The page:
Computer criminals have used premium-rate numbers to defraud unsuspecting Internet users.

Another now-uncommon premium-rate scam involves television programming that induces young children to dial the number, banking on the notion that they will be unaware of the charges that will be incurred.

One variant, targeted at children too young to dial a number, enticed children to hold the phone up to the television set while the DTMF tones of the number were played.

Initially, consumers had no choice regarding the accessibility to 900/976 numbers on their phones.

However, in 1987, after a child had accumulated a bill of $17,000 From the early 1980s through the early 1990s, it was common to see commercials promoting 1-900 numbers to children featuring such things as characters famous from Saturday morning cartoons to Santa Claus.

Numbers with the 900 area code were those which were expected to have a huge number of potential callers, and the 900 area code was screened at the local level to allow only a certain number of the callers in each area to access the nationwide long distance network for reaching the destination number.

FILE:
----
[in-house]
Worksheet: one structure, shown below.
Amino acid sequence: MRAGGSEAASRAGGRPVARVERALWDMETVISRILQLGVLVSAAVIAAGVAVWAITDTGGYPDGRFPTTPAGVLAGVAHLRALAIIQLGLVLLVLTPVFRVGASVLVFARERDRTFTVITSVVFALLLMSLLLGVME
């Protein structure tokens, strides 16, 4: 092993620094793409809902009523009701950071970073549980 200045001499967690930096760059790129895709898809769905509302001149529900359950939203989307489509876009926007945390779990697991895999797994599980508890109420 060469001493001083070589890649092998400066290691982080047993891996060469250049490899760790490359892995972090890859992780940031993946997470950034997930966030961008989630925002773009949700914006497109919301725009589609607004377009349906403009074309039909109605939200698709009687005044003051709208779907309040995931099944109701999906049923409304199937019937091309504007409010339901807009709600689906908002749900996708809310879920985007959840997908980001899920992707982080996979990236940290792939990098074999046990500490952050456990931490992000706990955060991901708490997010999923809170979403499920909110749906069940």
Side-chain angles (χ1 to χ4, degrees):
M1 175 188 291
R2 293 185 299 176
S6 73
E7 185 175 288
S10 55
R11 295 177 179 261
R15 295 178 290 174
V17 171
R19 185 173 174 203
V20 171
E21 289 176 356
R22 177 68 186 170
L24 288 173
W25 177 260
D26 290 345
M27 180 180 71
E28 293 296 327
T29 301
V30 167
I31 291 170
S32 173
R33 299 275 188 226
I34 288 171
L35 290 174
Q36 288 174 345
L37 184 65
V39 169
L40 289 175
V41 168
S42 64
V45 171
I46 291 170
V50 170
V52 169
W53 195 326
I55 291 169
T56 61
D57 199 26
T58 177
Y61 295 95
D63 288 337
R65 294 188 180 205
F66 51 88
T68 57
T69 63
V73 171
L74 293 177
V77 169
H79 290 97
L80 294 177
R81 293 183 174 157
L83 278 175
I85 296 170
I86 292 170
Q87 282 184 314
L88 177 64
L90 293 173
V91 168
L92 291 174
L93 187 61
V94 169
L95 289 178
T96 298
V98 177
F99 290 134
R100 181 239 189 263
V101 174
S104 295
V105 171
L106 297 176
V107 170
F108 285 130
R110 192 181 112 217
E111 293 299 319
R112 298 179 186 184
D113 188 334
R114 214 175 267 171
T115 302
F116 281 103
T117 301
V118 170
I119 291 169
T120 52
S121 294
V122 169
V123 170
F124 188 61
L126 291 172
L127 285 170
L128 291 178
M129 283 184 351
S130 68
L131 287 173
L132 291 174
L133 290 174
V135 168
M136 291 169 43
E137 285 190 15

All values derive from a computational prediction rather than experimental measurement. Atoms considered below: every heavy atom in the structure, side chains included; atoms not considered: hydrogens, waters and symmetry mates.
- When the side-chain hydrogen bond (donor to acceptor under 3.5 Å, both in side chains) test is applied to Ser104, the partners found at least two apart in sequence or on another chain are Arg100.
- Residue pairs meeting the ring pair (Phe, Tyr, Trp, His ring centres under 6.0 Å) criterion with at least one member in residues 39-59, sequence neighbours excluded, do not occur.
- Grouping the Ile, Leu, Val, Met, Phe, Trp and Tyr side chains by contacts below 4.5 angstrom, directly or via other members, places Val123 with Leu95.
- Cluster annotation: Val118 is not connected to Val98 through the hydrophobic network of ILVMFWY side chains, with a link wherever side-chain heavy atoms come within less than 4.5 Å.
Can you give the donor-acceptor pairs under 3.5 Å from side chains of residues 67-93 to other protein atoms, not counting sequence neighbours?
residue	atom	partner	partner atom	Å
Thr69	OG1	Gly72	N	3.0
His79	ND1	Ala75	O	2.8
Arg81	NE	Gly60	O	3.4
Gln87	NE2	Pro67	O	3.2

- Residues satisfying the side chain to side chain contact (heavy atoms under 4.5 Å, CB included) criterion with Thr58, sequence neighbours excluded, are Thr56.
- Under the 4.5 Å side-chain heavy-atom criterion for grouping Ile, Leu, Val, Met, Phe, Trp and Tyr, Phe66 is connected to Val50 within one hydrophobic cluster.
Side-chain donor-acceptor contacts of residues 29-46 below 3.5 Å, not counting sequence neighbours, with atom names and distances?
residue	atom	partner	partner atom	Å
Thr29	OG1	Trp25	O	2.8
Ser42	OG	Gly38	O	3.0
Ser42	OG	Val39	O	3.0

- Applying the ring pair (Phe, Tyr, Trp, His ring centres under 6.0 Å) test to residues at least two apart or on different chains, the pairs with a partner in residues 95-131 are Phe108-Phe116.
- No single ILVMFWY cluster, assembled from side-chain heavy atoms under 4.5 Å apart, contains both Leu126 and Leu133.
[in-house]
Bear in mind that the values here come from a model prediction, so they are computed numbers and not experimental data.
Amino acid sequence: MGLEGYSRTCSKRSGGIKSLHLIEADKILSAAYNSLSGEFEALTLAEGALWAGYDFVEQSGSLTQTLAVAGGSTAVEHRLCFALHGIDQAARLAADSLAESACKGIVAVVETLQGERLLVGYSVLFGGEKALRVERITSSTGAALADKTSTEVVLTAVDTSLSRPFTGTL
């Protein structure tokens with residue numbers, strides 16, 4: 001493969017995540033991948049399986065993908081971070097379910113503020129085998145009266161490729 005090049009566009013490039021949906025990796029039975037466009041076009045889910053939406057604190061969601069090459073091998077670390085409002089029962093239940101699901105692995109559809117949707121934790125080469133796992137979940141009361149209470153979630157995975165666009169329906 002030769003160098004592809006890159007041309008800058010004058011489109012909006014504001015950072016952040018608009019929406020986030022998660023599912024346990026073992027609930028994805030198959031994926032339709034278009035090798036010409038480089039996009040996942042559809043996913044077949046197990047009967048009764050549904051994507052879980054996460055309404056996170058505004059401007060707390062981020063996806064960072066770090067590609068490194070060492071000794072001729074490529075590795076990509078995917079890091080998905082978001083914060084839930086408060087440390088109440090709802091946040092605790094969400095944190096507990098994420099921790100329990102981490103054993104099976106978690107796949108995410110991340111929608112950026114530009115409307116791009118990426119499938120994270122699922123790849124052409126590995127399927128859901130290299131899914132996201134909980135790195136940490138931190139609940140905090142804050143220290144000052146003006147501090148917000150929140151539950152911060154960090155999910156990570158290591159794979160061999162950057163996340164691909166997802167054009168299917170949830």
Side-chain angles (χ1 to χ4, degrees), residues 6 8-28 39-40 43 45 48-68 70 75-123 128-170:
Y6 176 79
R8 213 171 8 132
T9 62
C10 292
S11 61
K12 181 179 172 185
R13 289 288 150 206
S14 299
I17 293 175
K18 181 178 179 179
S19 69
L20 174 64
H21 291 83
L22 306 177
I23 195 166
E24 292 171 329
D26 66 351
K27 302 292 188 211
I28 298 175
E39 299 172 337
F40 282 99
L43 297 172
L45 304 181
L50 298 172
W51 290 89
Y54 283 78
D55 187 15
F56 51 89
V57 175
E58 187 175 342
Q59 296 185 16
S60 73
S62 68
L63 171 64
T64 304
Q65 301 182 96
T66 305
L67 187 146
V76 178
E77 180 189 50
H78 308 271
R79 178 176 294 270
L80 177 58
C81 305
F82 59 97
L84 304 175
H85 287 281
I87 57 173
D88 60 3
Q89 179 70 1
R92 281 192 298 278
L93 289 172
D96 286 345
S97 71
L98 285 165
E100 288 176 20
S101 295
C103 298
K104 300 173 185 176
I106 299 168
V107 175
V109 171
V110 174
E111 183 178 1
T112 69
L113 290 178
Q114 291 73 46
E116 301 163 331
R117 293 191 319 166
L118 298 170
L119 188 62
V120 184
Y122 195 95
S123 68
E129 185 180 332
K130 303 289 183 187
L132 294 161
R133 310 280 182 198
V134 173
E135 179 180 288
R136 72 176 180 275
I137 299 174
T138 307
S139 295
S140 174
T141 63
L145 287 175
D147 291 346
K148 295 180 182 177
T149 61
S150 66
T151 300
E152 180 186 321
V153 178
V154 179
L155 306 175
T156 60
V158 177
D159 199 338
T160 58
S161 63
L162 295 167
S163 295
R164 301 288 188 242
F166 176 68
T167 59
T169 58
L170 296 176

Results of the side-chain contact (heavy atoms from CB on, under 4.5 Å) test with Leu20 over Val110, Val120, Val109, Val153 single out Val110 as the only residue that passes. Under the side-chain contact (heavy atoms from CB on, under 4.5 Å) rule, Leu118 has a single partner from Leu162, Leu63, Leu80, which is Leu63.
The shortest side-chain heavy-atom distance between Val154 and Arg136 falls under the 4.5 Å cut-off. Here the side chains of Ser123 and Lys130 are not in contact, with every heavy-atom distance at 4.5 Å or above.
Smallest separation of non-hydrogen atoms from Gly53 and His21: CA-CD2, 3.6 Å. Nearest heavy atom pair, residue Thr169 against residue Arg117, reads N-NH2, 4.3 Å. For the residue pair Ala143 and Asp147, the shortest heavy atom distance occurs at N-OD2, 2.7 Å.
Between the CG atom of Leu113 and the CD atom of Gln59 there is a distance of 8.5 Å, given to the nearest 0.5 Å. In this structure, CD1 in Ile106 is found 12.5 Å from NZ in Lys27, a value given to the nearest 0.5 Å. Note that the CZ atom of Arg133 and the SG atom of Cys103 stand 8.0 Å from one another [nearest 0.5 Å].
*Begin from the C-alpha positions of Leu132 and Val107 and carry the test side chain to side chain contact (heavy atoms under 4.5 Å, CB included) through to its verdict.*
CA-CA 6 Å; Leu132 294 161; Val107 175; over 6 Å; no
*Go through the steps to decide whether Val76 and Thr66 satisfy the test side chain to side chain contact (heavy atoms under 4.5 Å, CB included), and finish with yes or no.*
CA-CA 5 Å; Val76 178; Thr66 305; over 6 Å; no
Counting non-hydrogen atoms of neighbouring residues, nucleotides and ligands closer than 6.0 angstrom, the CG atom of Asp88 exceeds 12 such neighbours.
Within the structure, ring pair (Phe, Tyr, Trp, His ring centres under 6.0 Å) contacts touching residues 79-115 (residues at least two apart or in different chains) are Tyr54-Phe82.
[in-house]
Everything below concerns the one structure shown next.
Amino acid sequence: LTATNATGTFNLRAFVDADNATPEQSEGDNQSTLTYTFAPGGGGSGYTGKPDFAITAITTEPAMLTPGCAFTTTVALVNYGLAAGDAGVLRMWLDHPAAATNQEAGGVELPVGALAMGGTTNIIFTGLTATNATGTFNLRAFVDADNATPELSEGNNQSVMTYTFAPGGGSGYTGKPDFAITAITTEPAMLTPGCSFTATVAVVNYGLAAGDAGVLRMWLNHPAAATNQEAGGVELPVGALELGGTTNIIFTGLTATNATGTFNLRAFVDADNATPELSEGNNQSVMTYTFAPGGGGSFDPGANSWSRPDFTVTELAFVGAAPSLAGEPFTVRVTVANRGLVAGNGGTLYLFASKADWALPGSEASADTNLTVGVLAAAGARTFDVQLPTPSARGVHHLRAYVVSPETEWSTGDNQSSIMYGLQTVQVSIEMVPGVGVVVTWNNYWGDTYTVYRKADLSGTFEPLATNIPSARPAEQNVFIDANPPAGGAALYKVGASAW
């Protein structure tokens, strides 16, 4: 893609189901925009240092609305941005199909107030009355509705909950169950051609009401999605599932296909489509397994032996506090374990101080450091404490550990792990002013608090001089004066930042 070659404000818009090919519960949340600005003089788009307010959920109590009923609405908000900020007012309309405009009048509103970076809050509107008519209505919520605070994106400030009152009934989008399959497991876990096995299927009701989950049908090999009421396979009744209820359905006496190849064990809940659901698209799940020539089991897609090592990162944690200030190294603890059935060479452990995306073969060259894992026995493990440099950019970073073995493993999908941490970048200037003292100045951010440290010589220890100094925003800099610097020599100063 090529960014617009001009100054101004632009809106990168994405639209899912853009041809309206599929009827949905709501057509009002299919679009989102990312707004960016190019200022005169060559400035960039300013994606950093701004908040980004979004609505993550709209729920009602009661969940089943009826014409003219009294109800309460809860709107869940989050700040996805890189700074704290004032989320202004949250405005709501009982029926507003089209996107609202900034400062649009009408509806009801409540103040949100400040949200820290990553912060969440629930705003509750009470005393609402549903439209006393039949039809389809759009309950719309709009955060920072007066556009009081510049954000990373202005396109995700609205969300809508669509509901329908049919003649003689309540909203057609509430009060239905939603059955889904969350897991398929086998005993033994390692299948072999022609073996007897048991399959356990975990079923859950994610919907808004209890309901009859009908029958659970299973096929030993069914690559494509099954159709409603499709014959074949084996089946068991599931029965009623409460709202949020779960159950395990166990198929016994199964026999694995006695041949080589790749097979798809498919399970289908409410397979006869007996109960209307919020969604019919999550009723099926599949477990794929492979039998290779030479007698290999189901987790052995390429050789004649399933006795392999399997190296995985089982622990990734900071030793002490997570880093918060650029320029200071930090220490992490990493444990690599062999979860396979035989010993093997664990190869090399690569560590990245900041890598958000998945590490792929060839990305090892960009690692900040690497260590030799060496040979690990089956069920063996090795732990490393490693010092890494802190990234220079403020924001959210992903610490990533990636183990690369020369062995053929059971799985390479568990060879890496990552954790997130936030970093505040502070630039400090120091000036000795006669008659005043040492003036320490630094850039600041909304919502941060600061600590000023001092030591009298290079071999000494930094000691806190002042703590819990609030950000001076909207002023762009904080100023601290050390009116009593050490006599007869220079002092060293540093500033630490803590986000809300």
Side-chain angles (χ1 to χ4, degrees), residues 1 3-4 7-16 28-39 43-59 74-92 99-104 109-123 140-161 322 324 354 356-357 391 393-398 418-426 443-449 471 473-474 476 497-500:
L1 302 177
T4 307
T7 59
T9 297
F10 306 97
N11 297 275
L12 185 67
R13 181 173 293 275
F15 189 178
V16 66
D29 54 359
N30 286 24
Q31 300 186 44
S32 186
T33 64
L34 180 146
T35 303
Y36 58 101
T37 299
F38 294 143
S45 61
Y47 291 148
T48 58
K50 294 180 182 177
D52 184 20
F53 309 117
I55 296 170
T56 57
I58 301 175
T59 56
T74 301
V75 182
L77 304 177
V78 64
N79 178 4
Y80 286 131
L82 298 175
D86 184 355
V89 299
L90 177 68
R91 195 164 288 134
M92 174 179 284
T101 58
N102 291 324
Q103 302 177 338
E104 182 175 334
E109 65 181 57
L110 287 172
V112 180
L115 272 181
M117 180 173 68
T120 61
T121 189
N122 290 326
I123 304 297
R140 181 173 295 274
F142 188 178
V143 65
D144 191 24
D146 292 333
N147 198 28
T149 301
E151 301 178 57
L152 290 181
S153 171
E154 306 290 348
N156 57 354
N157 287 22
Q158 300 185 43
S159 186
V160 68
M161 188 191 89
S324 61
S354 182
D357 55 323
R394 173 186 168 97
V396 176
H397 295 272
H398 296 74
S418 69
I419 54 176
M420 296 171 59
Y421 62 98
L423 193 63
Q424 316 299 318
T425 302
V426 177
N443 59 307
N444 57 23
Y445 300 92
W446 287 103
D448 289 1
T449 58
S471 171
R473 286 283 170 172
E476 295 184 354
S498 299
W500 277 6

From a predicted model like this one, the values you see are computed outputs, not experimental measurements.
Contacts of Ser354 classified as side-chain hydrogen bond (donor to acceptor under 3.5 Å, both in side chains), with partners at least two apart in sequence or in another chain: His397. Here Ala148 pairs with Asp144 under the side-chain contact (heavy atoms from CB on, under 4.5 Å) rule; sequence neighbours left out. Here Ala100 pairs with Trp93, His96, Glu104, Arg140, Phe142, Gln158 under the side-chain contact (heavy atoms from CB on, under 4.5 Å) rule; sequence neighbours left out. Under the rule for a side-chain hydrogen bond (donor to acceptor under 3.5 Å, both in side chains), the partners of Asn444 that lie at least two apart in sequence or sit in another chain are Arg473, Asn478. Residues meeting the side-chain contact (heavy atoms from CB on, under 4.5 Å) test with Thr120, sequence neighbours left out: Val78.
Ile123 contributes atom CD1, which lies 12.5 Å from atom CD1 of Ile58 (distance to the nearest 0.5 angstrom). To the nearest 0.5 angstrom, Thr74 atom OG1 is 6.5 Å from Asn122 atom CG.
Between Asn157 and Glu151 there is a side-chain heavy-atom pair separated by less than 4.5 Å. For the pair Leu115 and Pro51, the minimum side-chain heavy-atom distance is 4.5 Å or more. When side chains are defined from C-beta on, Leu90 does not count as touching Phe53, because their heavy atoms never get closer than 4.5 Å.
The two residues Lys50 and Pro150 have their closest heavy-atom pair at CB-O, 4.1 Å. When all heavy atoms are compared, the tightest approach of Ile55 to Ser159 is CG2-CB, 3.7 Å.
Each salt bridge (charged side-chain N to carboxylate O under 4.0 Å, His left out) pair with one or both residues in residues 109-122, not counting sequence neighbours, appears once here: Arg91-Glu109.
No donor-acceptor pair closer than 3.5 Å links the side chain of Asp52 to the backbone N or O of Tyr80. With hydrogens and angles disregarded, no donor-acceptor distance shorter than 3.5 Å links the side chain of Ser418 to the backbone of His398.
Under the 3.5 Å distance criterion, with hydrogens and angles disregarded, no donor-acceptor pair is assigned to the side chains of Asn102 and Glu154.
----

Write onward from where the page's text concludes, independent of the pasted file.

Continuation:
Also, the early incarnation of 900 was not billed at premium-rate charges, but rather at regular long distance charges based on the time of day and day of week that the call was placed.

A call to either one of these numbers can result in a high per-minute or per-call charge.

For example, a "psychic hotline" type of 1-900 number may charge .99 for the first minute and 99 cents for each additional minute.

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